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Let $p_n$ be the $n$th prime.

Could someone please help me with the steps between $\pi(n)\sim\dfrac{n}{\log(n)}$ and $n=\pi(p_n)$, to the statement $p_n\sim n\log(n\log(n))$?

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    $\begingroup$ In Hardy's number theory book, it's $p_n \sim n \log n,$ without the extra occurrence of log inside the outer log. I don't know if that makes a difference... $\endgroup$ – coffeemath May 21 '14 at 10:42
  • $\begingroup$ Not much of a difference for small $n$, I don't know for large $n$. $\endgroup$ – martin May 21 '14 at 11:01
  • $\begingroup$ I am trying to find that in Hardy's book - do you have a chapter ref? $\endgroup$ – martin May 21 '14 at 11:09
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    $\begingroup$ In Hardy's "The Theory of Numbers" (fourth edition) on page 9 Theorem 6 (of section 1.8) is a statement of the prime number theorem, that $\pi(x) \sim x/\log x.$ [It isn't proved there, but in Ch XXII is a proof). More to the point, a fairly simple passage from the prime number theorem to $p_n \sim n \log n$ is presented right after that on the rest of page 9 into page ten. Basically he shows the function inverse to $x/\log x$ is asymptotic to $x \log x.$ $\endgroup$ – coffeemath May 21 '14 at 11:29
  • $\begingroup$ Great - that you :) $\endgroup$ – martin May 21 '14 at 11:31
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Here is a sketchy derivation.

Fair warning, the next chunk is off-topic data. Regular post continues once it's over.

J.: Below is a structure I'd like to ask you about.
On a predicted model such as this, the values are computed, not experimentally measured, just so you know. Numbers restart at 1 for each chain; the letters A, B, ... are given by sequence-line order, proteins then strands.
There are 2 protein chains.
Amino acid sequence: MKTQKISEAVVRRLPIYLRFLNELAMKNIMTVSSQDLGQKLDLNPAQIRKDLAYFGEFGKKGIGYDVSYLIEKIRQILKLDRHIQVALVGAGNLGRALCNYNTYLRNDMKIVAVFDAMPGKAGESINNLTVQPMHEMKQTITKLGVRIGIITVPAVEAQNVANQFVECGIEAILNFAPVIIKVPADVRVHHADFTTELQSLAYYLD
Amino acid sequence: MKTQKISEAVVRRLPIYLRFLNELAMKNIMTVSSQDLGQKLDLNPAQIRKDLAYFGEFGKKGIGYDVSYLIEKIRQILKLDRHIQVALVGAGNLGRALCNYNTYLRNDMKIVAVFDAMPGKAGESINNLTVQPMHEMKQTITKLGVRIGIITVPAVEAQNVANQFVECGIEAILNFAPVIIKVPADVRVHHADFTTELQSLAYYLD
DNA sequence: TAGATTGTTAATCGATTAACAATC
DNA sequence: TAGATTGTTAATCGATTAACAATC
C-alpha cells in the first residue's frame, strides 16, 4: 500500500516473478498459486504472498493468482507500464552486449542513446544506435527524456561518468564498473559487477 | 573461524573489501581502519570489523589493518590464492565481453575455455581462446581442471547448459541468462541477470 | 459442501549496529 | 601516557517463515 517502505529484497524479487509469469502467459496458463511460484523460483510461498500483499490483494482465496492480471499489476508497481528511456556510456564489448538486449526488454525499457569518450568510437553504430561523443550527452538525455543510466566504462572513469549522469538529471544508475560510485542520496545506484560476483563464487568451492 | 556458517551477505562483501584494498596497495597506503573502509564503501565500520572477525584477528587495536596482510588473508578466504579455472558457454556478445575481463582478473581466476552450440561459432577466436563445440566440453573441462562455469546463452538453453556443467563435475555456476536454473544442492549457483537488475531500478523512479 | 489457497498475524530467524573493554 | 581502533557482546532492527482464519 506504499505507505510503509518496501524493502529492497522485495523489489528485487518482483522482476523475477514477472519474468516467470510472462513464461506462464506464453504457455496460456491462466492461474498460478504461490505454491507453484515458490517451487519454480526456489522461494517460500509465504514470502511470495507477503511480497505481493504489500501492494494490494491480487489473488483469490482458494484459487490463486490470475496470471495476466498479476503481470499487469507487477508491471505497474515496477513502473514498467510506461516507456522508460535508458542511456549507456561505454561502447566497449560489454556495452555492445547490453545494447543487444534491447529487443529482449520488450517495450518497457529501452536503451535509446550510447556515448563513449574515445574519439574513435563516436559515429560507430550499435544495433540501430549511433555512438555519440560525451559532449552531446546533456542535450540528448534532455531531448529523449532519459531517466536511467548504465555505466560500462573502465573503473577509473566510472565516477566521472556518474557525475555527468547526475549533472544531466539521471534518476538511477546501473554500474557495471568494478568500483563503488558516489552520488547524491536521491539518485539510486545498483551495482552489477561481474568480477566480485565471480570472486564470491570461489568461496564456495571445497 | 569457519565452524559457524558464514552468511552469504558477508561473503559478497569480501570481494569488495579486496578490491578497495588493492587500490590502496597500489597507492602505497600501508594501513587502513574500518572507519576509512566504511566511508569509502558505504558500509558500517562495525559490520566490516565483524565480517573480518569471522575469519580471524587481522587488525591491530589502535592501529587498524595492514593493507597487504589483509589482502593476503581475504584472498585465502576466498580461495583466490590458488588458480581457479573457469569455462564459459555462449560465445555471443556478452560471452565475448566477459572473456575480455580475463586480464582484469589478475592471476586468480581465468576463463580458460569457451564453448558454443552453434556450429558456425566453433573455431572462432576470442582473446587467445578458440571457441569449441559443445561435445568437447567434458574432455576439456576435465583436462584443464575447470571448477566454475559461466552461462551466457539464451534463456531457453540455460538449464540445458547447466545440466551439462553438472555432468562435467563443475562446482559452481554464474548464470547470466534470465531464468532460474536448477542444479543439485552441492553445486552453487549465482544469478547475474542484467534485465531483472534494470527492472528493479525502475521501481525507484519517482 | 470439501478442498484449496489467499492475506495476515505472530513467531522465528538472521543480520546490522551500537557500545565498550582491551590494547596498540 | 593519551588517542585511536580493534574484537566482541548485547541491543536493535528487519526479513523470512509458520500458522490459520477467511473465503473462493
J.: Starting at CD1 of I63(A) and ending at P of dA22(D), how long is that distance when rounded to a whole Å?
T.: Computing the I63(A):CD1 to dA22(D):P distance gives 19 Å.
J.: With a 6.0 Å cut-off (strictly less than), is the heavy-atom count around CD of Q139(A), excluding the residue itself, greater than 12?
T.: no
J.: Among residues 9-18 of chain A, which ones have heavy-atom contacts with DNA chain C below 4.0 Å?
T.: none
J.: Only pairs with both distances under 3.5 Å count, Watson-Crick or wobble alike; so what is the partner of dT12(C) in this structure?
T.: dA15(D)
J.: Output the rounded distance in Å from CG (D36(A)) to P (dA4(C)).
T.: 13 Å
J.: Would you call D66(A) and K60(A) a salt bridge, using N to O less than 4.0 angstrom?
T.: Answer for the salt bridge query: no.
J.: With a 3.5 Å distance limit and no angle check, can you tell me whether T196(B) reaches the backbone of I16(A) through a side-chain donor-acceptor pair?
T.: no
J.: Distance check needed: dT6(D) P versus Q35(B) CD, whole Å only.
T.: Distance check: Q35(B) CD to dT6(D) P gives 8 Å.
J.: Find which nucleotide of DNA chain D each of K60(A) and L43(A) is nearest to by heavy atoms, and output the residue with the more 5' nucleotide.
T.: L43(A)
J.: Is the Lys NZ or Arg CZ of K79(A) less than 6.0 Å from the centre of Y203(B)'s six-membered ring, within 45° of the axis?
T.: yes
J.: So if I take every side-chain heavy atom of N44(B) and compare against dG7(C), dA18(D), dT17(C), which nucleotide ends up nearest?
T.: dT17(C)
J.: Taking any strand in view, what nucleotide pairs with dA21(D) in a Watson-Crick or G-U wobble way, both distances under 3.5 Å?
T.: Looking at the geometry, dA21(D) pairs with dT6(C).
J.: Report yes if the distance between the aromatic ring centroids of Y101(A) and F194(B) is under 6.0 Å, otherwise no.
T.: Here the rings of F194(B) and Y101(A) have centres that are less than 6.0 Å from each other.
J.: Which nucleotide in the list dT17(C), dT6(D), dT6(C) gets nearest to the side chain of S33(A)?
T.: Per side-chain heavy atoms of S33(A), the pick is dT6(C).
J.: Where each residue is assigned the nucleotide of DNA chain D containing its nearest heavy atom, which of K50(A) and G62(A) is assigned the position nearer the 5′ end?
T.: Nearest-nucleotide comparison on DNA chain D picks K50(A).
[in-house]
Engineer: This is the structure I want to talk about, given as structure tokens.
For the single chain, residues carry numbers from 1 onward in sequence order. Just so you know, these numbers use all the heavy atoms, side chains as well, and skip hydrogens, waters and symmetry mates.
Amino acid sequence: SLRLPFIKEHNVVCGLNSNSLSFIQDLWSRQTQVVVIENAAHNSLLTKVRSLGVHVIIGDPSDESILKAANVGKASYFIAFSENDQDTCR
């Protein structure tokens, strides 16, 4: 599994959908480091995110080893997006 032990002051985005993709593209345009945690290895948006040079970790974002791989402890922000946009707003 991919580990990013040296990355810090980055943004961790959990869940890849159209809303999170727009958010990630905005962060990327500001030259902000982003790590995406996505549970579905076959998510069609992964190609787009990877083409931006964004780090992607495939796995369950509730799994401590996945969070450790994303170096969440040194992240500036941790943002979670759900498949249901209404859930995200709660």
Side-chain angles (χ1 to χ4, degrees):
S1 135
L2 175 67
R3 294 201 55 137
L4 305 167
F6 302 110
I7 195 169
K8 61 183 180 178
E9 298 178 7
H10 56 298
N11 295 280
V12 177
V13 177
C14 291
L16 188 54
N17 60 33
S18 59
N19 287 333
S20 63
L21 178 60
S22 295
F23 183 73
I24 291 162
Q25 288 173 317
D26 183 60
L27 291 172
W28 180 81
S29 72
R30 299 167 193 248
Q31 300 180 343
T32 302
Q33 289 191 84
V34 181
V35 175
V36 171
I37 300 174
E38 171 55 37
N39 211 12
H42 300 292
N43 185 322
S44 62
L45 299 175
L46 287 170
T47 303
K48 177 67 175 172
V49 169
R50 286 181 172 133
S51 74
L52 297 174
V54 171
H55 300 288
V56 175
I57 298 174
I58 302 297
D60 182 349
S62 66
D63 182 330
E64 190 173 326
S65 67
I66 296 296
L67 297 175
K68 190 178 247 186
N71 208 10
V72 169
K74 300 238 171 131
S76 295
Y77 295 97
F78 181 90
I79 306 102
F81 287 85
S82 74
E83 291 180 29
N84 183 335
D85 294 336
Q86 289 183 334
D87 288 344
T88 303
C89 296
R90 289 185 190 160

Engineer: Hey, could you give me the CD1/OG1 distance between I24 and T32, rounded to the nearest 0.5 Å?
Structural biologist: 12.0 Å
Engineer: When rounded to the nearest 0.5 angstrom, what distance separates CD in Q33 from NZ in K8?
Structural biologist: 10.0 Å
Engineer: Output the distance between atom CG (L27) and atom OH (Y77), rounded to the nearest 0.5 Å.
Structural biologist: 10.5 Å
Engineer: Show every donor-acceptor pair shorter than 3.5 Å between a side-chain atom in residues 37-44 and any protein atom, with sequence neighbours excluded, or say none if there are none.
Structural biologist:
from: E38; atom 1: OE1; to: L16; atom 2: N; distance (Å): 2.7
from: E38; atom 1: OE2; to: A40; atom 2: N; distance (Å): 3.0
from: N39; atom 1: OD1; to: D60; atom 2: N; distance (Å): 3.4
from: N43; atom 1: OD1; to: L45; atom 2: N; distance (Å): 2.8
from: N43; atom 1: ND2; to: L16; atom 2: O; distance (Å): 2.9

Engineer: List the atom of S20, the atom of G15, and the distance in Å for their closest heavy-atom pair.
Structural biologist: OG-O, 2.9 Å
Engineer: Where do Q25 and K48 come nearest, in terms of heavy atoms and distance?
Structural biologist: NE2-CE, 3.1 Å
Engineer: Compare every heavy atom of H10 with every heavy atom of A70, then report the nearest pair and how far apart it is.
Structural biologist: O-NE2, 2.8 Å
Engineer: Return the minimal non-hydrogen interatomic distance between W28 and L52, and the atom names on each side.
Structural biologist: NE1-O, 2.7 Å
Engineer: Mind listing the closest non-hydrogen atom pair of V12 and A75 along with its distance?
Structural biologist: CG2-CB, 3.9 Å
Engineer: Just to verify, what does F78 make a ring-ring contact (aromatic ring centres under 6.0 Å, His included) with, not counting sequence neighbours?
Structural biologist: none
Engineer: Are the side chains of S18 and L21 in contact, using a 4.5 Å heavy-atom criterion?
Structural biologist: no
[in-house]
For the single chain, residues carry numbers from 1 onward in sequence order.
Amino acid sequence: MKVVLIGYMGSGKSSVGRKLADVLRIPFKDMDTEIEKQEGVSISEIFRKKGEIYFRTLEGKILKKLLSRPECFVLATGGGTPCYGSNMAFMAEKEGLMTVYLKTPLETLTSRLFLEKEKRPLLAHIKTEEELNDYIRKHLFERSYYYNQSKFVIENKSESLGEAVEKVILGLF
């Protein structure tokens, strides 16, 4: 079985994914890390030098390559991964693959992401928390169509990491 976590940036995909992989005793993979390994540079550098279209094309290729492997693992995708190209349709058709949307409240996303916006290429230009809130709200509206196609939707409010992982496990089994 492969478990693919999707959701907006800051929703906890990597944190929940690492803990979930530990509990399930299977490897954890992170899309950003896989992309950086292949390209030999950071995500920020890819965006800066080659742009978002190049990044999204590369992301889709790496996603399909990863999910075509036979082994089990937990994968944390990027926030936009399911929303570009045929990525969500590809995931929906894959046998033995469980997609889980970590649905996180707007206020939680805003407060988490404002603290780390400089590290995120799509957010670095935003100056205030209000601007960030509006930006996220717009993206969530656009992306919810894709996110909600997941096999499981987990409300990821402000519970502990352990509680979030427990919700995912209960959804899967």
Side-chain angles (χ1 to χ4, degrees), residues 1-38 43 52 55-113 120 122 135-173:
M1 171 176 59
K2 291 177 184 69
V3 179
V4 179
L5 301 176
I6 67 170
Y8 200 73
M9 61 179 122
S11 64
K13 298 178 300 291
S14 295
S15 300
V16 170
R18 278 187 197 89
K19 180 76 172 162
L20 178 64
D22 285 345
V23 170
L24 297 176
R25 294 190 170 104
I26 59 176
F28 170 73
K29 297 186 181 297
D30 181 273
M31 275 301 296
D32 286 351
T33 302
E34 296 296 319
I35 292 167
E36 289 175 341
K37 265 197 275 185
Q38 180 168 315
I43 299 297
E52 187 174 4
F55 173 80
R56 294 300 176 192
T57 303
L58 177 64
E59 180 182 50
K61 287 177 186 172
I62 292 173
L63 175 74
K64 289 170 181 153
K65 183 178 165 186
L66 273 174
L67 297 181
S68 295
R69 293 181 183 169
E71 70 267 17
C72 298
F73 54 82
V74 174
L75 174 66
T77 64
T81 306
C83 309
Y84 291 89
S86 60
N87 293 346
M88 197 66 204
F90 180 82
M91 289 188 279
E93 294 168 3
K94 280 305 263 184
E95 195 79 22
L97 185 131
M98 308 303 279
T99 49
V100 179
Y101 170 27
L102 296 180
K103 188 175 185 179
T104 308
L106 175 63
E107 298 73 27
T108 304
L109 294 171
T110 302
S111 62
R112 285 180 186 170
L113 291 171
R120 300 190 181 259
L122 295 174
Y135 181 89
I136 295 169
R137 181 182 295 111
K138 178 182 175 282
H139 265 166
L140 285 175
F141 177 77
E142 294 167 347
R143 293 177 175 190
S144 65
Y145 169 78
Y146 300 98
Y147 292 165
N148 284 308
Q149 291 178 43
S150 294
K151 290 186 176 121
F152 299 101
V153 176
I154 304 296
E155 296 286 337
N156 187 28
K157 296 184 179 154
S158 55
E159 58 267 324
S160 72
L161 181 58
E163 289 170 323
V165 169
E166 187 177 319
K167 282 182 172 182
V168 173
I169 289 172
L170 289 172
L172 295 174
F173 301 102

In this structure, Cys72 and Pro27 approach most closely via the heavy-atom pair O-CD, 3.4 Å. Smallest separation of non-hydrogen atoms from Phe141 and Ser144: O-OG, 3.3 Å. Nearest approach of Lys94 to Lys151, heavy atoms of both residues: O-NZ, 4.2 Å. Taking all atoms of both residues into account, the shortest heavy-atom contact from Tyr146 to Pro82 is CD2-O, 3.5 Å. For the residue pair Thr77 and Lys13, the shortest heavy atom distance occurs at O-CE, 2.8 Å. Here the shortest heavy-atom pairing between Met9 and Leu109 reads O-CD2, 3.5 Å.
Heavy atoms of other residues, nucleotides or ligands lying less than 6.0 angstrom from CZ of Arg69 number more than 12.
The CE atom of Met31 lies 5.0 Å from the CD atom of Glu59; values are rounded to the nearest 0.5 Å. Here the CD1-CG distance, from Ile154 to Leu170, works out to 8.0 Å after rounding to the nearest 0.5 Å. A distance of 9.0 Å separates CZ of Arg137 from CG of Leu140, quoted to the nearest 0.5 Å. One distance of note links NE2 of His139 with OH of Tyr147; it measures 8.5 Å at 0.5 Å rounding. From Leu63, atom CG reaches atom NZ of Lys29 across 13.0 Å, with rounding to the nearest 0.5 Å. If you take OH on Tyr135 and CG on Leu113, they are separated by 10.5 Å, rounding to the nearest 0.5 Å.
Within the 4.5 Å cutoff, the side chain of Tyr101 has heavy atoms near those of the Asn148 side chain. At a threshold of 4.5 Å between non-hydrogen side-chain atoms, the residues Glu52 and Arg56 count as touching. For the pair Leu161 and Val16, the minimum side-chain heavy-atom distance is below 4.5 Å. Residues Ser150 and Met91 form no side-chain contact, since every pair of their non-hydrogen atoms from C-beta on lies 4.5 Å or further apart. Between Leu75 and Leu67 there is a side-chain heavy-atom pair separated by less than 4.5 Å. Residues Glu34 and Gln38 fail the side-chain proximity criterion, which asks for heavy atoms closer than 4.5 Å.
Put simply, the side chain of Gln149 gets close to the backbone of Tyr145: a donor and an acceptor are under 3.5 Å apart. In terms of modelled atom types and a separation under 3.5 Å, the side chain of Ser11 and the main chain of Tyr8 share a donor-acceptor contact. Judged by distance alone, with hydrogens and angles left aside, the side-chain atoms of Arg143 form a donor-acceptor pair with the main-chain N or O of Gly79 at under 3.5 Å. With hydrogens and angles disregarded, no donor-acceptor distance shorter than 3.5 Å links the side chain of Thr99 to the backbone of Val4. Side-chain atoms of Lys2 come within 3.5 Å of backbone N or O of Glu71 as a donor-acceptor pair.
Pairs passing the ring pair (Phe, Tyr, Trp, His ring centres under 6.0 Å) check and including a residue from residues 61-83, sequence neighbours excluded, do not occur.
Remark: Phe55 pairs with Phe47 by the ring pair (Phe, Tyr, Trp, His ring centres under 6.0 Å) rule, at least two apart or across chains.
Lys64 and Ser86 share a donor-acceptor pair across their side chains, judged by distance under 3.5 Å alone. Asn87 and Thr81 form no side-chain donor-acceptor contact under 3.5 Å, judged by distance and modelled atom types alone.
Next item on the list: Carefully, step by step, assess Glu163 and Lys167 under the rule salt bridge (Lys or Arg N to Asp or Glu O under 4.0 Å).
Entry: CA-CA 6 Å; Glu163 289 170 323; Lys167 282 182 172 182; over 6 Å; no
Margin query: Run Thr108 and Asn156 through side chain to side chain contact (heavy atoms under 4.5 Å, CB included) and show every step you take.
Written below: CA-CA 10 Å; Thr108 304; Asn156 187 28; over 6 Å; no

Note that

$$ n \log(n \log n) = n \log n + n \log \log n \sim n \log n $$

so we just need to prove the simpler statement that $p_n \sim n \log n$.

The formulas

$$ \pi(n) \sim \frac{n}{\log n} $$ $$ \pi(p_n) \sim n $$

imply

$$ \begin{align} n &\sim \frac{p_n}{\log p_n} \\ p_n &\sim n \log p_n \\ &\sim n \log(n \log p_n) \\ &\sim n (\log n + \log \log p_n) \\ &\sim n \log n \end{align}$$

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  • $\begingroup$ Very clear - thank you! :) $\endgroup$ – martin May 21 '14 at 12:15
  • $\begingroup$ last steps resemble the back substitution method using to solve recurrences. i think as you discard the loglog part, you implicitly made the assumption that p_n does not grow crazy fast like e^(x^x) or smthing right? Then that assumption turns out to be true at the end. ok i see another thing, if we go substitute more, we get logn + loglogn + .. and hopefully after some point loglog..log(p_n) grows slower than logn and all of the stuff is just logn. $\endgroup$ – Ahmet Bilal Nov 3 '18 at 13:33

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